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EPALE

Elektroniczna platforma na rzecz uczenia się dorosłych w Europie

 
 

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EPALE podcast May 2019: Can adult learning create active citizens

10/05/2019
by EPALE Moderator
Język: EN
Document available also in: EL PL HU

For EPALE's thematic focus on citizenship education, our thematic coordinators Andrew McCoshan, David Mallows, Markus Palmen and Simon Broek, got together to discuss the following questions:

  • Can adult learning turn inactive people into active citizens?
  • Is citizenship education a task for the state, adult learning providers or are there other organisatons involved?
  • Can one be an active citizen without critical thinking and digital competences these days?
Have you come across or created an innovative methodology for teaching adults civic skills? Perhaps you have been involved in or heard of a successful project that aimed to improve adults’ civic engagement or awareness of their democratic rights? Share your stories, tips, case studies and good practice examples on this page between 20-24 May and help to inspire adult learning professionals across Europe.

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  • Obrazek użytkownika DUSANA FINDEISEN
    Thank you.

    In the Erasmus+project Building Bridges for Europe and Association DANET critical thinking is a the core of our endeavours. But  not only exercising critical thinking but also thinking about it and about how to change ourselves.  Active  citizens cannot change the world without changing themselves. Thinking critically  means that we do not accept things as they are presented to us. We are interested in how we think, how the others think. Explanation, interpretation and analysis are used. Critical thinking enables individuals to make their own value judgments. In today’s society where fake news are produced, where populism rises, where abuse has become obvious, where obedient consumers are being fostered, where climate changes require changing attitudes, critical thinking is essential for each individual and community. Critical thinking means cultivating one’s own thinking processes, avoiding clichés and simple truths. Moreover, it means asking questions to understand, to build one’s knowledge on many data.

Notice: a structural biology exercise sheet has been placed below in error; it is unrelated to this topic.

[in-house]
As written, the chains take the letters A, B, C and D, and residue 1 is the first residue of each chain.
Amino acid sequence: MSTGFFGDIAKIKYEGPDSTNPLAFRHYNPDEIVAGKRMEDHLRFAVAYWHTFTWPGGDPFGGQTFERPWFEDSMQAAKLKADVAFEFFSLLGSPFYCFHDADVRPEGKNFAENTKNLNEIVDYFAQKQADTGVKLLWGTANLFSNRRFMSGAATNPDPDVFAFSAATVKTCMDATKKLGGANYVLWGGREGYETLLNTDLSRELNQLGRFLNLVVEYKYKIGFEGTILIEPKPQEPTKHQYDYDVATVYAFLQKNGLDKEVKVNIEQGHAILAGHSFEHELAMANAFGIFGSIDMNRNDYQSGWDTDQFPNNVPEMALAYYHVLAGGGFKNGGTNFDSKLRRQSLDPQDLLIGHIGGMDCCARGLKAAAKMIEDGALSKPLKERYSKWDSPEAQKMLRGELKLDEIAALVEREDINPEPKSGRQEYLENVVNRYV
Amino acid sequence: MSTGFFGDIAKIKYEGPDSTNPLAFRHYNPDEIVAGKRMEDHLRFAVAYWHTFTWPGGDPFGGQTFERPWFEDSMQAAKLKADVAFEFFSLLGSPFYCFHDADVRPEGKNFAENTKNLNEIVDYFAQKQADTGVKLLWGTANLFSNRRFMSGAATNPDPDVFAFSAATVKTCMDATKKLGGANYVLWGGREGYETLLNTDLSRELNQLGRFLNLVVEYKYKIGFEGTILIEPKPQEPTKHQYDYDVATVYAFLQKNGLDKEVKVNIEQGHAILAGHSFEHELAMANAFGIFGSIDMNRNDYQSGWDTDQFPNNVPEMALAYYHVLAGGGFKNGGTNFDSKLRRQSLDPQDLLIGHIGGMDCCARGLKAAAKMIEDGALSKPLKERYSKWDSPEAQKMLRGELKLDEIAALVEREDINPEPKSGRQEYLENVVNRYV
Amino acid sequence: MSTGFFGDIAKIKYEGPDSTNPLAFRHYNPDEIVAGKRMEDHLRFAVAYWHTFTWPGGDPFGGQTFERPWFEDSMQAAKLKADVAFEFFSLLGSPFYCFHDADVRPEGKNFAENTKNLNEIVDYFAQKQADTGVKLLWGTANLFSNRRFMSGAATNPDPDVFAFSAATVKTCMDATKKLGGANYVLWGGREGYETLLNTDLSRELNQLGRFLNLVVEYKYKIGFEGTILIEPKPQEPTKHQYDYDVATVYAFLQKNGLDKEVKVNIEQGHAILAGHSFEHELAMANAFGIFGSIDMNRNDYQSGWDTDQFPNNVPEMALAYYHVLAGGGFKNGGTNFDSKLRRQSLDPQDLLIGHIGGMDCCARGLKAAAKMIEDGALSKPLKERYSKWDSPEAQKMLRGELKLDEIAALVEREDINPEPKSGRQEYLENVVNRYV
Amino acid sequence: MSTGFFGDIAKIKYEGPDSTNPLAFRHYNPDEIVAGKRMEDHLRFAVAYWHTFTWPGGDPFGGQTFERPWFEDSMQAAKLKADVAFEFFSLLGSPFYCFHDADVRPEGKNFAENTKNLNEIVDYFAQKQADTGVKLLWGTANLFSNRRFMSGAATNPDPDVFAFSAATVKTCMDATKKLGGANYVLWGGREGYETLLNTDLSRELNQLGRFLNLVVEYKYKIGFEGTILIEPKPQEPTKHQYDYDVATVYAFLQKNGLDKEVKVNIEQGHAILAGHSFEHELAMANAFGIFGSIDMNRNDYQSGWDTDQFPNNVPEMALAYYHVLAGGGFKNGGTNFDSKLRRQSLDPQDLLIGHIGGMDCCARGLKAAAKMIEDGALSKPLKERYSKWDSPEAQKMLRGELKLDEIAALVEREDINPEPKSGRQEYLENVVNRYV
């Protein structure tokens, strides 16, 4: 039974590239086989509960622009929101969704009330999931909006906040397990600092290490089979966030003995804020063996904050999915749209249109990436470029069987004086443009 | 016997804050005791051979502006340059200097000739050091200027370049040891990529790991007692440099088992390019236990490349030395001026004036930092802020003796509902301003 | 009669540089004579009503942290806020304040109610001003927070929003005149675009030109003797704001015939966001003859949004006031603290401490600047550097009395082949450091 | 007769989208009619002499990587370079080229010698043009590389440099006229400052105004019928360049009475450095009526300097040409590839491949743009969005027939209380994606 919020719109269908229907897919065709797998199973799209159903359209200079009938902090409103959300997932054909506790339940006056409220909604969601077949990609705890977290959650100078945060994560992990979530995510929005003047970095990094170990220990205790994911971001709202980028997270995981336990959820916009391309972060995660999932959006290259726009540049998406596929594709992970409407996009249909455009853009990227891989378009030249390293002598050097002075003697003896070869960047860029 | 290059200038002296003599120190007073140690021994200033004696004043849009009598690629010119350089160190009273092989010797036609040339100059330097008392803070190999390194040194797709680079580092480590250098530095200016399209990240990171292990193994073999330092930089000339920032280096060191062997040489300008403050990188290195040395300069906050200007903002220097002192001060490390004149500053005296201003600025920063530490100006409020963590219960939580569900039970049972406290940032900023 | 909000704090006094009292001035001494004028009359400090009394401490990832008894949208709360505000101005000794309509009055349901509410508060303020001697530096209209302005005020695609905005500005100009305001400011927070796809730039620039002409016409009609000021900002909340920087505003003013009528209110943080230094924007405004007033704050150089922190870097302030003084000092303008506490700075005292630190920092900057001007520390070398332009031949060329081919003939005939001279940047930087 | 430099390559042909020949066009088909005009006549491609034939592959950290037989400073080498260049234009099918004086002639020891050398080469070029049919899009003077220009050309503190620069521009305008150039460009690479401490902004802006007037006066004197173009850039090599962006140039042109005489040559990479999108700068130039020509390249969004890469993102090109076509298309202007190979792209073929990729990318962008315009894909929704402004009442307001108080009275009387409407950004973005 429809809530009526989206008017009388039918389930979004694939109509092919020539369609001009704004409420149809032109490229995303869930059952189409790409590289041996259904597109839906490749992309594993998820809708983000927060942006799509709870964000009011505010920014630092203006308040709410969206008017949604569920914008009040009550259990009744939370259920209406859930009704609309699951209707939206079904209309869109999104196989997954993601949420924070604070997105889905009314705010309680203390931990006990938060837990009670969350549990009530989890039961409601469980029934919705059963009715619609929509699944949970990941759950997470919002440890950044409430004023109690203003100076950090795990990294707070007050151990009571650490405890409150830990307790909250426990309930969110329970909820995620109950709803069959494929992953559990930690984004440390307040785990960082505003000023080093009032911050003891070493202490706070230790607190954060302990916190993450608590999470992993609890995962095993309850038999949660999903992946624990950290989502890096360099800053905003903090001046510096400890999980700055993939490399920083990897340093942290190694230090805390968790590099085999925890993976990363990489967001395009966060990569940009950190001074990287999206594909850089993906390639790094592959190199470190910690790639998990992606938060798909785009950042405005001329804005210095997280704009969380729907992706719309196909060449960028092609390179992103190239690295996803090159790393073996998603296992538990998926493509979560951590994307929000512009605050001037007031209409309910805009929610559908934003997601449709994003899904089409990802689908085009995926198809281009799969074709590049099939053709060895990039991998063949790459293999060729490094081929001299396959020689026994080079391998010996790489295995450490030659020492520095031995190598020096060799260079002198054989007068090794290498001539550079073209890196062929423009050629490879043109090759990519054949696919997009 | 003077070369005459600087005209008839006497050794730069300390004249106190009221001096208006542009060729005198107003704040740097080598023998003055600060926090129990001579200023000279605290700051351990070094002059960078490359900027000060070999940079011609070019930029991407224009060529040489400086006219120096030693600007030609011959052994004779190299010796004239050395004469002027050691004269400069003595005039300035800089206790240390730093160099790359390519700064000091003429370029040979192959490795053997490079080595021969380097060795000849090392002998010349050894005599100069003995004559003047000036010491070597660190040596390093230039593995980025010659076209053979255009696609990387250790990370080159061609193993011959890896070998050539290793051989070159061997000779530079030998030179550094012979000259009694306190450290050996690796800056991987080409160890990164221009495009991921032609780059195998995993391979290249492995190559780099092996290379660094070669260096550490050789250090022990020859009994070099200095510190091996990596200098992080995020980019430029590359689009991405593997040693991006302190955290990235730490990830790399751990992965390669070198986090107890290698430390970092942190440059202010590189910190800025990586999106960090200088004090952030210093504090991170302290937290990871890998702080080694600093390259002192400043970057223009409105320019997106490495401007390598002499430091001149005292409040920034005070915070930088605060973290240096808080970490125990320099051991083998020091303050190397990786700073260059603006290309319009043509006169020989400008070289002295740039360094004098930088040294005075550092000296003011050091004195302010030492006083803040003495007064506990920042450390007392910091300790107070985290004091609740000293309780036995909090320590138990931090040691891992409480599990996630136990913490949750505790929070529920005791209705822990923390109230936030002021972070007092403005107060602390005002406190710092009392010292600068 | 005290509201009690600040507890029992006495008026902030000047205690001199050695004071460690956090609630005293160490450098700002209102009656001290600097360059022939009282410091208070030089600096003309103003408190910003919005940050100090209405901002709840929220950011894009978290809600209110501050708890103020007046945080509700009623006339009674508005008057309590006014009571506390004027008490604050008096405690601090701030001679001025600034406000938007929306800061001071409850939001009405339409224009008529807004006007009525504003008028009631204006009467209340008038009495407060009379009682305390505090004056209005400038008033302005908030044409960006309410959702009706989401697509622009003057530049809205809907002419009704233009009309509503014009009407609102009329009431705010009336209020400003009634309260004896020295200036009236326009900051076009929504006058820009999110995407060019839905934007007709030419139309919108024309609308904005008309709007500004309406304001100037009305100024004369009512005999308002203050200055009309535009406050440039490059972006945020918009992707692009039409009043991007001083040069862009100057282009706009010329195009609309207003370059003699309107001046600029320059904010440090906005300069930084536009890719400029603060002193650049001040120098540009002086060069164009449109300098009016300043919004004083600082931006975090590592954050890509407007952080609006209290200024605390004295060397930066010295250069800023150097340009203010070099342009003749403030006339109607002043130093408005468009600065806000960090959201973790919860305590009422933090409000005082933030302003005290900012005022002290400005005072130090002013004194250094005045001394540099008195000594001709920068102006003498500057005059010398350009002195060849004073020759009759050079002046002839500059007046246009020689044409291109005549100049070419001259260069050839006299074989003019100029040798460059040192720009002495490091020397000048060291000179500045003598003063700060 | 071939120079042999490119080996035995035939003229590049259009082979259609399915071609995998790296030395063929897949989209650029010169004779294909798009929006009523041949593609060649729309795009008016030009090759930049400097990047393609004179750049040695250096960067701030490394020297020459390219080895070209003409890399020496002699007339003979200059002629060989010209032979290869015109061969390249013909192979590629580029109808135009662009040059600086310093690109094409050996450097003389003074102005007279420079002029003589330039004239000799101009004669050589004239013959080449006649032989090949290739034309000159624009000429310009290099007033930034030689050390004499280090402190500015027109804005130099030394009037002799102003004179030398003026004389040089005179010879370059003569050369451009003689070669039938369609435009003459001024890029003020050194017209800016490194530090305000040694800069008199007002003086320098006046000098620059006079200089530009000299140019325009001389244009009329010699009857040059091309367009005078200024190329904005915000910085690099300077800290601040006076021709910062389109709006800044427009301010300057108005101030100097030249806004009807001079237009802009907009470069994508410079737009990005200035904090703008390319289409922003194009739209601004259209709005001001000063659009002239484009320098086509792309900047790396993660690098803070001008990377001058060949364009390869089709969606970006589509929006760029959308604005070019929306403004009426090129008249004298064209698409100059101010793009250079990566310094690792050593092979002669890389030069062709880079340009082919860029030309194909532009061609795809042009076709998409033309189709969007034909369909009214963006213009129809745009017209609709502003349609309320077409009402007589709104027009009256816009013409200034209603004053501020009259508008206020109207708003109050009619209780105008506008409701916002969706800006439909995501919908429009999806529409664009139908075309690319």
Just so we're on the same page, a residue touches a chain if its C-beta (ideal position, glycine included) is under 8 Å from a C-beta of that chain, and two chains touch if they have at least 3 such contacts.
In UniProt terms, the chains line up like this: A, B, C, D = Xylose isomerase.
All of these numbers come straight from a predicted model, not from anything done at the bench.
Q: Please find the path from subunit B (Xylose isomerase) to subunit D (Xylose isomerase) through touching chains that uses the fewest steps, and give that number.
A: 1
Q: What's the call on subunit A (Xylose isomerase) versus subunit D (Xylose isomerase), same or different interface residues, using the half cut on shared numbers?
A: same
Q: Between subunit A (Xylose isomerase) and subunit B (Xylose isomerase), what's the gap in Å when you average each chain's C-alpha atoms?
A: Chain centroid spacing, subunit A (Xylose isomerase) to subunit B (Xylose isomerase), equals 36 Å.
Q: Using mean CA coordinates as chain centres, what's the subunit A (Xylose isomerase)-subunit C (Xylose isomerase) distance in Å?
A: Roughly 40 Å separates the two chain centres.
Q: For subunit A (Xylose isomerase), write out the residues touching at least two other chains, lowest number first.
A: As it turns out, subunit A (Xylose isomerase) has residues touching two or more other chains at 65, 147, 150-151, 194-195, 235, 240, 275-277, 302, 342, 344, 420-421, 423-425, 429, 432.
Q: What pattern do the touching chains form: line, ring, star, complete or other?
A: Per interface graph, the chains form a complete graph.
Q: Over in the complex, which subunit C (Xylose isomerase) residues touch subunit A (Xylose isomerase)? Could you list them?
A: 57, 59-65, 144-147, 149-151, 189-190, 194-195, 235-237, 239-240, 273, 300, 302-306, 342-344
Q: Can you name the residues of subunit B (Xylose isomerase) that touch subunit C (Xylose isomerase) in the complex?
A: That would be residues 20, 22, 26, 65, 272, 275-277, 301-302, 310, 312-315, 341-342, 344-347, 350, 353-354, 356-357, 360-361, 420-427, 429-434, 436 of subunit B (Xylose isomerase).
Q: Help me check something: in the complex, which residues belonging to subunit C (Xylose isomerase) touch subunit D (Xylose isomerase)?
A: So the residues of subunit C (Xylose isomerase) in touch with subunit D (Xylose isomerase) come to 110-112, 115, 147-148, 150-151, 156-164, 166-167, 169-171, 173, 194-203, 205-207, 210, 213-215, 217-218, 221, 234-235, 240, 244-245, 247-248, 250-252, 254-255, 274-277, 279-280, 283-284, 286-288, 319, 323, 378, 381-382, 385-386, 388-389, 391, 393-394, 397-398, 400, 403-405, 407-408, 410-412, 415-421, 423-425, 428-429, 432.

• Obrazek użytkownika DUSANA FINDEISEN
    Thank you. In my view one does not become an active citizen just like that since being an active citizen is not a state but a process depending on constant education, (gaining cognitive competencies) emotions, building attachment....and above all by upgrading or adding common goals and activities . At Slovenian Third Age University, established 35 years ago, as a common endeavour of different generations and different experts and volunteers we are convinced that structures created by citizens having established a clear mission serve as a platform for citizens' activities. Slovenian U3A chose study circle as its basic format with cognitive and activity goals serving local development, Moreover, over the last decade, Slovenian U3A has been conceptualising and dealing with socially engaged education and socially engaged art of older people ( social interaction within educational processes, carefully selected public sites etc) that often get transformed into social practices where U3A's students act as politicians, active citizens, ethnographers etc. for community's well being. Slovenian U3A stages a number of civil dialogues, sets up mutually supported structures and networks for learning and acting ( Each-one-teach-one). Slovenian U3A enacts active ageing with study programmes based on exploratory learning (understanding public space and its role), critical geragogy, silver economy, advocacy, let's become active citizen, critical thinking etc.